Noor Ahmed, Afghanistan (through translator): There is hunger back home. We have food, but very little. We just put something small in our stomachs. There is no work and no money.
Jane Ferguson: The distribution is guarded by Taliban gunmen. If aid can be dispensed without it going through their government, then it can get around sanctions. Although the aid that went from the U.S. government to the Afghan government has been stopped, there is still some coming from USAID directly to civilians here through the WFP, the World Food Program. People have come here today. They are getting two sacks of wheat flour, 10 bottles of cooking oil and a small bag of soybean. It's not very much, and that's all families will get for the next two months. But it will keep them alive. The levels of hunger across the country are staggering; 14 million people, nearly half the population, need food assistance to survive. Leading humanitarians say aid must get directly to the people now, regardless of who is running the country.
David Beasley, Executive Director, World Food Program: Don't politicize food. I don't care which side you are on. Everyone should give us what we need to reach the innocent victims of this complex situation.
Jane Ferguson: The head of the U.N.'s World Food Program, David Beasley, flew into Kabul over the weekend. More than $9 billion of the country's foreign assets have been frozen by the U.S. government to prevent the Taliban from accessing them. Beasley says that's morally wrong.
David Beasley: All I'm doing is jumping up and down, saying, please you must understand that people are dying. More people are going to die. If you don't unfreeze those funds — unfreeze them in such a way they go directly to the people through organizations like us. I said, what am I missing here? These are innocent people. It's heartbreaking. I mean…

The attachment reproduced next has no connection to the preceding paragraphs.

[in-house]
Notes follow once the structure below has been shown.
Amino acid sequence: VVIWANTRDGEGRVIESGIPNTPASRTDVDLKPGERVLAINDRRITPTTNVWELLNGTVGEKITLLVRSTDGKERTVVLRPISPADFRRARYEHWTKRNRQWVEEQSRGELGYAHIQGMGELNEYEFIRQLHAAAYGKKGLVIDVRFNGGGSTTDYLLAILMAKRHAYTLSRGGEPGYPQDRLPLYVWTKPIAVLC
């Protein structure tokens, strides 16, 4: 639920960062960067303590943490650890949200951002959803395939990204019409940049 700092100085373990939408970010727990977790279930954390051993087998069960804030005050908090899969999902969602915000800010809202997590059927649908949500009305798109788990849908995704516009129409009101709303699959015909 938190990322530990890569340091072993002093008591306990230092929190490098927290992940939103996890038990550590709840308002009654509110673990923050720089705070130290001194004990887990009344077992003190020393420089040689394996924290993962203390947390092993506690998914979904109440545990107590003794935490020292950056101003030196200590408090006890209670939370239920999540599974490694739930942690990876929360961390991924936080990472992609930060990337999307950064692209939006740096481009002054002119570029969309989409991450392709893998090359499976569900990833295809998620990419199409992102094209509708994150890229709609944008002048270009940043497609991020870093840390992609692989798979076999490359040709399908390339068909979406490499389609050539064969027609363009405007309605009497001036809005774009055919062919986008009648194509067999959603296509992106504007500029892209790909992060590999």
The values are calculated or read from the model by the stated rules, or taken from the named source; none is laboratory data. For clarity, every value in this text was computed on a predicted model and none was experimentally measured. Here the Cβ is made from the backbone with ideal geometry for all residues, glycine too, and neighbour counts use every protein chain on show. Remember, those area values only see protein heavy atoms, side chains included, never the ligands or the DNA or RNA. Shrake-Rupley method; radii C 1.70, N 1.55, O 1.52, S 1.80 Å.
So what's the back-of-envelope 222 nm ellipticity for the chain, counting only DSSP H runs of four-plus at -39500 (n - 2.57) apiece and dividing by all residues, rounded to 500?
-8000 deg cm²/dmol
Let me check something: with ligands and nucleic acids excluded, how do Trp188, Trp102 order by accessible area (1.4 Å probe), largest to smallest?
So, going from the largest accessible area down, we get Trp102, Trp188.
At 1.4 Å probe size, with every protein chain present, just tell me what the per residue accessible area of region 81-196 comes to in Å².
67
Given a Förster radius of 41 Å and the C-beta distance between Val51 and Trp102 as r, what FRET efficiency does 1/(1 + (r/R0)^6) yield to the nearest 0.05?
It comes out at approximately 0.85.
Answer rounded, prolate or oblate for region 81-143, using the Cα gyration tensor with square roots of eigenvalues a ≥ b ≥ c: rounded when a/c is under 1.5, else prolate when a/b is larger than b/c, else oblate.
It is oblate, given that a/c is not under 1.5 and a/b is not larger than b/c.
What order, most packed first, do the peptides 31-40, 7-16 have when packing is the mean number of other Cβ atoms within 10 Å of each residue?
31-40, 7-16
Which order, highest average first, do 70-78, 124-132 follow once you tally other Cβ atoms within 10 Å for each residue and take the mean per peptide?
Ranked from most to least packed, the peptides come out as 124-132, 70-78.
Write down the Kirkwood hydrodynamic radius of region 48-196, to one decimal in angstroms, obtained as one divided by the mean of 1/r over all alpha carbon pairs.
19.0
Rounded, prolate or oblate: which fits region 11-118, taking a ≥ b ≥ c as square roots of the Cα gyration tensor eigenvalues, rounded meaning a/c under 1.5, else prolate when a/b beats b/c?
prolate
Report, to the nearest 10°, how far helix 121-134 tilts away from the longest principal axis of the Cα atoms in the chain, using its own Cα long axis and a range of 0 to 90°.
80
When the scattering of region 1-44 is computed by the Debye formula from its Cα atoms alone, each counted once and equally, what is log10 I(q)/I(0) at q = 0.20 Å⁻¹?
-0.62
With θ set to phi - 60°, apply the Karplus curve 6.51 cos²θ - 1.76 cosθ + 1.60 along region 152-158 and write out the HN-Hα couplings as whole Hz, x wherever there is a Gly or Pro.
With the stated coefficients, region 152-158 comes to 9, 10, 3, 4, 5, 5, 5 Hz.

Jane Ferguson: How much does that impact your ability to get food to the people without getting money in the pockets of the Taliban?
David Beasley: We just want to reach the people that are vulnerable. We just want to reach the people that are really marching towards starvation. That isn't complicated.The Taliban have told us: We will stay out of your way. We will support anything you need to reach the people you need to reach. I need for everybody on all sides to take that same approach.
Jane Ferguson: The Taliban has, unsurprisingly, called for the assets to be released to their government. The pressure on the group mounts the longer their leadership is unable to abate the spreading hunger. We sat down with their main spokesman.
Zabihullah Mujahid, Taliban Spokesman (through translator): The money that was frozen by the Americans is the money of the Afghan people. We told the American authorities, international community and the Europeans. We have told all countries this should never have happened. The economic crisis can be stopped. Also, we are cooperating with the NGOs and requested help from them.